For those seeking spiritual homes, moving beyond the homophobia isn’t always easy
A few weeks ago, a man named Jason Thomas made headlines when he shared the story of how he was forced to leave Watermark Community Church, a nondenominational evangelical Christian megachurch here in the DFW Metroplex that he had attended for some time.
Thomas had posted a letter from the church telling him he was no longer welcome there because, after years of trying to “convert” or at least stay single, Thomas fell in love and began a relationship with another man. The church insisted he break it off; when he refused, Thomas was told to leave.
While many people in the LGBT community and among its allies were chastising Watermark church, Dallas Voice staff writer David Taffet wrote a blog that basically chastised Thomas for even wanting to stay in a church that required he hate himself and deny his identity as a gay man, when there are so many churches that affirm their LGBT members.
David’s column caused me to think back on my own spiritual journey. And while I appreciate his point about how we shouldn’t expect sympathy for being thrown out of churches we know we’re not welcome in, I know that sometimes it’s not that simple.
I was raised Southern Baptist. In my late teens, I moved on to churches that were even crazier, and I was briefly a student at a local non-denominational Bible college.
It’s takes awhile to leave all that behind.
My first ventures out of the closet were in the mid 1980s. I met a nice guy at a card shop on the Cedar Springs Strip called Off the Street. We started dating and at some point, we started going to Metropolitan Community Church-Dallas. (I’m talking about the old church at Reagan and Brown. Cathedral of Hope and MCC of Greater Dallas both trace their roots back to the congregation at Reagan and Brown. That campus is now part of Resource Center.)
Several months passed and my first boyfriend moved away. I joined MCC-Dallas and kept going for a couple of years. That was my first round of unlearning the toxic theology of my youth.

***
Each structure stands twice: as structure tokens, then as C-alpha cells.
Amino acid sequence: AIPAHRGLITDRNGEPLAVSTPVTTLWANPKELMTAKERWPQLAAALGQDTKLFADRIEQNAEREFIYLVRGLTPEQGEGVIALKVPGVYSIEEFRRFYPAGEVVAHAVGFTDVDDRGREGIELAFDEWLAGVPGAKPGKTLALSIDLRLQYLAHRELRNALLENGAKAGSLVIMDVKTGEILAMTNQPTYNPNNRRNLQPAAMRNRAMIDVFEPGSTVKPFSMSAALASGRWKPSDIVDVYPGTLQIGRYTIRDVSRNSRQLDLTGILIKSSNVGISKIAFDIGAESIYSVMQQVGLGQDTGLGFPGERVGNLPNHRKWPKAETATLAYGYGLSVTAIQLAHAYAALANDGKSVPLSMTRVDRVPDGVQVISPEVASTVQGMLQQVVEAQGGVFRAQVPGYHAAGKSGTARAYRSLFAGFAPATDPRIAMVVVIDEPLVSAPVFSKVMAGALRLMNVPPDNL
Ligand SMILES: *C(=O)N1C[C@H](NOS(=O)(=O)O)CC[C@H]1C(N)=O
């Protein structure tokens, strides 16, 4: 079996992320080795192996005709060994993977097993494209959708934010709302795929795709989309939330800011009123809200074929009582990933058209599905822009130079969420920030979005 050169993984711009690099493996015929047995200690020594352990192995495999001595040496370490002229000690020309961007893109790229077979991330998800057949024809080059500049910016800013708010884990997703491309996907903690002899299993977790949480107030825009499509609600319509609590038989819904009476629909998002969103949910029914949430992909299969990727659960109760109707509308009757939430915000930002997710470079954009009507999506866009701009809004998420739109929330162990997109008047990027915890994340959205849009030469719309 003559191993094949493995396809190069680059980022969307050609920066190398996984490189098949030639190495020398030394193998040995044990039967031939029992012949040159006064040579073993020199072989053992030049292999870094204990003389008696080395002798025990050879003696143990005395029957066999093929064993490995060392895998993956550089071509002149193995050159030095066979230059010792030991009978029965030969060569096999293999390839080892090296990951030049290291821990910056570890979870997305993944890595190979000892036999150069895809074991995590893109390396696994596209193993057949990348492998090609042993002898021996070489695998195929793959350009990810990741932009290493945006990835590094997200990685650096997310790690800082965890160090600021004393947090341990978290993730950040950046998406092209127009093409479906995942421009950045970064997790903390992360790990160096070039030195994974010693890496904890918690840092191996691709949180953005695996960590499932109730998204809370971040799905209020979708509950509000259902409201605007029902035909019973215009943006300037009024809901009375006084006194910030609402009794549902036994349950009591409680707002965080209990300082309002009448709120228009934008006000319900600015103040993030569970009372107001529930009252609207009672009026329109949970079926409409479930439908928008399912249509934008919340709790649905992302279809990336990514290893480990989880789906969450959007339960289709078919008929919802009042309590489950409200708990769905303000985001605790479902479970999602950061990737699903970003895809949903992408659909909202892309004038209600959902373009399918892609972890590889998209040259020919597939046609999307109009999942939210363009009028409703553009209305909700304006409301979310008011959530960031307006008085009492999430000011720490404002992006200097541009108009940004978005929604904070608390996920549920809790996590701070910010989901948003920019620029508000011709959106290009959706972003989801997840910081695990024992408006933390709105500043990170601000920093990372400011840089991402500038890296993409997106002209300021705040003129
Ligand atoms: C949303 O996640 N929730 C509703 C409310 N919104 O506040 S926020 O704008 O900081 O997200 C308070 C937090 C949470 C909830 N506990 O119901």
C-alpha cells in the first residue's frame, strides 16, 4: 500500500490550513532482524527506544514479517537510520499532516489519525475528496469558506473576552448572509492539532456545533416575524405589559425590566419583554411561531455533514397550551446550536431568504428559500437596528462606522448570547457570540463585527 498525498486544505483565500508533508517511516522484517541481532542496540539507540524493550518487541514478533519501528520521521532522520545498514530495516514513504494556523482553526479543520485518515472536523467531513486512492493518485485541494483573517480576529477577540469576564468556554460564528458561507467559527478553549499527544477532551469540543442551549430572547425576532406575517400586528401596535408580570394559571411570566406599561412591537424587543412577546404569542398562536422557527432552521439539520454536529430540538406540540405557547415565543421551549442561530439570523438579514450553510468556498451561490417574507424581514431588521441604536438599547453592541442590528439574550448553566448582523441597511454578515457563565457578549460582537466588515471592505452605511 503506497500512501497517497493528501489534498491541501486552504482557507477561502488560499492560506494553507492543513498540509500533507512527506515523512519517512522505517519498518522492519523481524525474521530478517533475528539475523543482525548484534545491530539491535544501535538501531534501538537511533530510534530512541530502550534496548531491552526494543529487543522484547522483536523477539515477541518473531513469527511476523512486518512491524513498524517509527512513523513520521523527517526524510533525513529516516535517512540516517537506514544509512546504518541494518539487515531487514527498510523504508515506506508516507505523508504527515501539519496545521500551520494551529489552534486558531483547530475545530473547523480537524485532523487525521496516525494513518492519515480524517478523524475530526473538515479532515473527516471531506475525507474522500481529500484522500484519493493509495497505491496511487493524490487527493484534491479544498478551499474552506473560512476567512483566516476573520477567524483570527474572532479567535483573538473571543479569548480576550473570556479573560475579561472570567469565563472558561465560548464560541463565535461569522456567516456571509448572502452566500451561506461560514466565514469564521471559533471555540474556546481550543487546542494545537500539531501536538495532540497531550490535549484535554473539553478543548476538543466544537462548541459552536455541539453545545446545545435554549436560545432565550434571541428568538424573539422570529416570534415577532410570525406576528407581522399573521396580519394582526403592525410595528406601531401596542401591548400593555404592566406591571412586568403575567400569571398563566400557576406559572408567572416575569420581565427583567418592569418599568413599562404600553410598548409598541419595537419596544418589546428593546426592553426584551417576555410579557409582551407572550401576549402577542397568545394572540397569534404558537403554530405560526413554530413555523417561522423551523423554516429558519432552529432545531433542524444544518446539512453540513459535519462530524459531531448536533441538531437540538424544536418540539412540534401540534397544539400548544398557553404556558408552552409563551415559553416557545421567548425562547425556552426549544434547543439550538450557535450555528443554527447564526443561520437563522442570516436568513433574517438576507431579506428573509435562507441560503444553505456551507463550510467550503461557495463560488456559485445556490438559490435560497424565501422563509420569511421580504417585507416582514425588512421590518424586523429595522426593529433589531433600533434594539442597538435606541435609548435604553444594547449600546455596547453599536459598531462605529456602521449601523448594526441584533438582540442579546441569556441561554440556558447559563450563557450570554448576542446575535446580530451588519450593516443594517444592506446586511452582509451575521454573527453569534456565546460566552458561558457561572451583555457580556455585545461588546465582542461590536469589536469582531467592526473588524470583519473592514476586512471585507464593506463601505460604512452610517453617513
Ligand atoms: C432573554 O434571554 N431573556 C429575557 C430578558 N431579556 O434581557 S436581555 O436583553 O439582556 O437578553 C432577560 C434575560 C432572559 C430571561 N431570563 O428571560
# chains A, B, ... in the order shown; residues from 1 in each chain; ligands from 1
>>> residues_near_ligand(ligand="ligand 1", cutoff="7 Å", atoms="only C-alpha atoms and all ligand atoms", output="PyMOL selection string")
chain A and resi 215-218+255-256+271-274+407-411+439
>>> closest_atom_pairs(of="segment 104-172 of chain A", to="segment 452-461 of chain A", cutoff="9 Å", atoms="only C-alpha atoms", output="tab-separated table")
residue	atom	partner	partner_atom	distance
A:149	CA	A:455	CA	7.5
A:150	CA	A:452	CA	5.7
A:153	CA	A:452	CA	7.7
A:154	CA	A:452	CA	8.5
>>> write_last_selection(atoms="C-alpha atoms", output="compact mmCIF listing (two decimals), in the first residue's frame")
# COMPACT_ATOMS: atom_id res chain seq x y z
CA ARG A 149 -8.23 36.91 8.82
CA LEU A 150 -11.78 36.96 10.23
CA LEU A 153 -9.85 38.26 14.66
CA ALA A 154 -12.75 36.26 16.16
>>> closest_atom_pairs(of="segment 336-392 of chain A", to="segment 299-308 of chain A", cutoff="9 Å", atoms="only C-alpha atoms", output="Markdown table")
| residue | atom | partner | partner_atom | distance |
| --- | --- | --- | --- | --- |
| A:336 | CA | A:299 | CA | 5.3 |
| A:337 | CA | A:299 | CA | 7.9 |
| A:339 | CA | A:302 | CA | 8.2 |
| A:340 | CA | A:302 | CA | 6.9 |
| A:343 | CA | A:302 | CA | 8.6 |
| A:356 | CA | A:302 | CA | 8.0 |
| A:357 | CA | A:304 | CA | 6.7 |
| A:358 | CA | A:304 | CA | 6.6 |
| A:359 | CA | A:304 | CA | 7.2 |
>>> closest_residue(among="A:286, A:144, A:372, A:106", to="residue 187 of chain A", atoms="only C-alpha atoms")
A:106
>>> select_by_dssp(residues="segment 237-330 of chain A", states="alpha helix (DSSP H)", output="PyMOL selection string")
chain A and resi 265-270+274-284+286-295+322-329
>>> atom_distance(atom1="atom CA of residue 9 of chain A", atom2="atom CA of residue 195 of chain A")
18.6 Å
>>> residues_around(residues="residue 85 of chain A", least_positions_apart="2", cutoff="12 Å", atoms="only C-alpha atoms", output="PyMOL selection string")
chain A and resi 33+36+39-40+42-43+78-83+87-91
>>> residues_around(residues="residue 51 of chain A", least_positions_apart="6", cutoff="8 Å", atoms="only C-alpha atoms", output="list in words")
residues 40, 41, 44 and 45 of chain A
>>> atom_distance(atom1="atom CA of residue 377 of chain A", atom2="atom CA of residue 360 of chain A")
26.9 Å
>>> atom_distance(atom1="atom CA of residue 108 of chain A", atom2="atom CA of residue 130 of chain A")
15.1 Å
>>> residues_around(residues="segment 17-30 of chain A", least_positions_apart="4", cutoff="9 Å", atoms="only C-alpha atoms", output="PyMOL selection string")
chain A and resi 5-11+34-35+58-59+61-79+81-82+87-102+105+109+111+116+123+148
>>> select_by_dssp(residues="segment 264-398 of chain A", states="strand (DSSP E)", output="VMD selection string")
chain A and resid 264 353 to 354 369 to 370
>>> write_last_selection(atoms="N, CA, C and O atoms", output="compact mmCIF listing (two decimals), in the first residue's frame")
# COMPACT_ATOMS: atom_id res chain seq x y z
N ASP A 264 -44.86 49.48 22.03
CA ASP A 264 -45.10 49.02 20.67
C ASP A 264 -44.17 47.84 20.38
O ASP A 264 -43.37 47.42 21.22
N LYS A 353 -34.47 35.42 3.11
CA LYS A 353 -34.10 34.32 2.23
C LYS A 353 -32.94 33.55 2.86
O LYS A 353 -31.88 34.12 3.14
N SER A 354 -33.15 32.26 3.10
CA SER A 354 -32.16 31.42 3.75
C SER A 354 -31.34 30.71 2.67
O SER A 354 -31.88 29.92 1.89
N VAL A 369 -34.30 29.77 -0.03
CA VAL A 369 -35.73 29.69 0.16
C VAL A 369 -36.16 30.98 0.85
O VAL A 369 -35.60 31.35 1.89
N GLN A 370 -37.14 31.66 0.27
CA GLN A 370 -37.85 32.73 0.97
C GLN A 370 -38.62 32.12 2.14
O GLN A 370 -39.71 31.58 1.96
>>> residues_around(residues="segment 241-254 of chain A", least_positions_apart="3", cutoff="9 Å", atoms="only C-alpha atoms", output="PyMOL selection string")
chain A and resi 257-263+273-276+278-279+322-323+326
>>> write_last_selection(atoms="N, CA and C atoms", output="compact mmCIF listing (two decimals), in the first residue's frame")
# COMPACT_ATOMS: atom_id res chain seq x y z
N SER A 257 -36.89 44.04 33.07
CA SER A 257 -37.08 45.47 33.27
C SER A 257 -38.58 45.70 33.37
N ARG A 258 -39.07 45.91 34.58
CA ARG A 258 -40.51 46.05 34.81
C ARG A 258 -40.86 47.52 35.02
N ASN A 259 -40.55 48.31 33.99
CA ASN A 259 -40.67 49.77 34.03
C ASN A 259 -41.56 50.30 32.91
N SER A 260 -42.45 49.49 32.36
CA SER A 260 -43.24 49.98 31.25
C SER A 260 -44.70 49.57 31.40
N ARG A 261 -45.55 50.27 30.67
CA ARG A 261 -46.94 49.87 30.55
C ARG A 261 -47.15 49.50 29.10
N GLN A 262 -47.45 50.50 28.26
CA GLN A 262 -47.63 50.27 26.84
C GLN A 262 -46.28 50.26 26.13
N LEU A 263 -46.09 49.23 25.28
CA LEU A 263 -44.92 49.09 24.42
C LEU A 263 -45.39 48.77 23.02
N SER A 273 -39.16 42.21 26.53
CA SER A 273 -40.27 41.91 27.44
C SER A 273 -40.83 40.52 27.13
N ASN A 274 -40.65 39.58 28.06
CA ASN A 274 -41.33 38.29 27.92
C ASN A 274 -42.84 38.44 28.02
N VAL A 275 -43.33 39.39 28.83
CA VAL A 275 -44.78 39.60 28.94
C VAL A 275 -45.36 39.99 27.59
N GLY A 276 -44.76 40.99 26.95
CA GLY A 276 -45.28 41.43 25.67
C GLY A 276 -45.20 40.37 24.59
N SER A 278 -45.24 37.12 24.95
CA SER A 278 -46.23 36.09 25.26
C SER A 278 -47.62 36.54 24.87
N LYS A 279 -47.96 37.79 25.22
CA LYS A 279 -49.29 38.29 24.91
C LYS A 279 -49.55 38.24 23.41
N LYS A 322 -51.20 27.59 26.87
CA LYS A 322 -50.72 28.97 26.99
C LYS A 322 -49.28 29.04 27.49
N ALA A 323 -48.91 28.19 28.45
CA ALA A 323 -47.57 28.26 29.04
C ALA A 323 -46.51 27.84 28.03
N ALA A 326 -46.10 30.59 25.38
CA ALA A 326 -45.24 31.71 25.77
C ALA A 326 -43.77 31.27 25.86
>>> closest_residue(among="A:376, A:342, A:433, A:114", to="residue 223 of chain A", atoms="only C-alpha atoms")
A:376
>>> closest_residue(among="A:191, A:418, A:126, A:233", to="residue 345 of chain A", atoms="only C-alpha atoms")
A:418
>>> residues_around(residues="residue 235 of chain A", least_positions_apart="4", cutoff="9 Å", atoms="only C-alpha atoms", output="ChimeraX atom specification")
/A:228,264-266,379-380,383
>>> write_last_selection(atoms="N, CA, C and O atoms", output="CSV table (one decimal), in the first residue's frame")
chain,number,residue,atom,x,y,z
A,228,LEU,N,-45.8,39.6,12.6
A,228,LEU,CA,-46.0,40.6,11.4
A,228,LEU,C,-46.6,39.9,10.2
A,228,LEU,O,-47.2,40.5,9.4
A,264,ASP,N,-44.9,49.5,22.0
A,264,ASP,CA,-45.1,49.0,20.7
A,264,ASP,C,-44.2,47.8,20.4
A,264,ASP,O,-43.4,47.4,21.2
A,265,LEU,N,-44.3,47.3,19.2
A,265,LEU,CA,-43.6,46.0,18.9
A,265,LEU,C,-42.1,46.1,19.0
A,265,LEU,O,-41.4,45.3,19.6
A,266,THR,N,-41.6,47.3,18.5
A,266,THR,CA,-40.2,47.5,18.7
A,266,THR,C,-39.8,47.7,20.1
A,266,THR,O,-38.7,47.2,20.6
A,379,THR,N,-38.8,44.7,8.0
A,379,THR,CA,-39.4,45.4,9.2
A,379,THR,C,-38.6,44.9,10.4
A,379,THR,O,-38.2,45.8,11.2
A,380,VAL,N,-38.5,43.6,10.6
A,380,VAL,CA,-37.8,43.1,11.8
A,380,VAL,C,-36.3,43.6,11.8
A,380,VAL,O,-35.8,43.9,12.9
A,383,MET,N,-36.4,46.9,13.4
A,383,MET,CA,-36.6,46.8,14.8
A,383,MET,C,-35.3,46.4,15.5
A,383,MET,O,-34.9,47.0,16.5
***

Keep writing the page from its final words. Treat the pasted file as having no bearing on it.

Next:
Jobs that required me to work weekends or to be “on call” kept me away from regular church attendance for much of the 1990s. So my unlearning of toxic theology was basically on hold for most of that decade.
In the late 90s, I went to the Dignity Dallas masses on Sunday evenings, and in 2001 I converted to Catholicism. There I found a more beautiful worship experience than what the churches of my youth offered. And the parish I was part of was mostly welcoming.
This was a move that challenged my thinking. But I’m not sure it involved much unlearning of toxic theology.
The years from 2005 to 2012 found me at three different liberal protestant churches that were mostly welcoming as well as visiting a local Reform synagogue for a few months in 2011. But at those churches, I felt isolated from the LGBTQ community.
But in the fall of 2012, I found my way back to Cathedral of Hope.
Since then I’ve been more seriously learning what I call a “healthy intolerance” for any politics or religion that doesn’t accept me unconditionally. Today, I have reached the point where I really have no use for any religious or political group where I’m not fully welcome.
It’s been quite a journey for me. As a teenager I thought Jesus was the only way to heaven. Or to put it more accurately, “the Baptist version of Jesus” was the only way to Heaven.
And then my first ventures outside of Baptist churches took me to churches that were even more conservative and intolerant. I mostly learned to have more fear and be more intolerant from them.
MCC-Dallas was the first church to challenge that intolerance and close-mindedness. Liberal protestant churches, the Unitarian church and the Roman Catholic church offered even more challenges to my early beliefs and way of thinking.
Still, after these adventures in tolerance and acceptance, I still returned to these more conservative churches. I think it was because they were familiar and, in some important ways, comfortable.
To put it bluntly, they were comfortable because they weren’t challenging me to learn and grow.
If I’m in church now it’s either a welcoming United Methodist congregation (usually Northaven United Methodist) or Cathedral of Hope, and I spend at least a few minutes almost every day reading about Judaism.
Wouldn’t that be a spiritual journey — from fundamentalist Christian to Reform Jew! Not saying it will happen. But, I wouldn’t rule it out.
My point is this: Find a spiritual home where you are welcome. As you are. No strings attached.
Don’t waste your time and please don’t waste your money on any person or group that considers you to be anything less than a beautiful creation of God. But once you get there, remember your journey, and don’t judge others harshly because they aren’t yet where you are.
This article appeared in the Dallas Voice print edition November 4, 2016.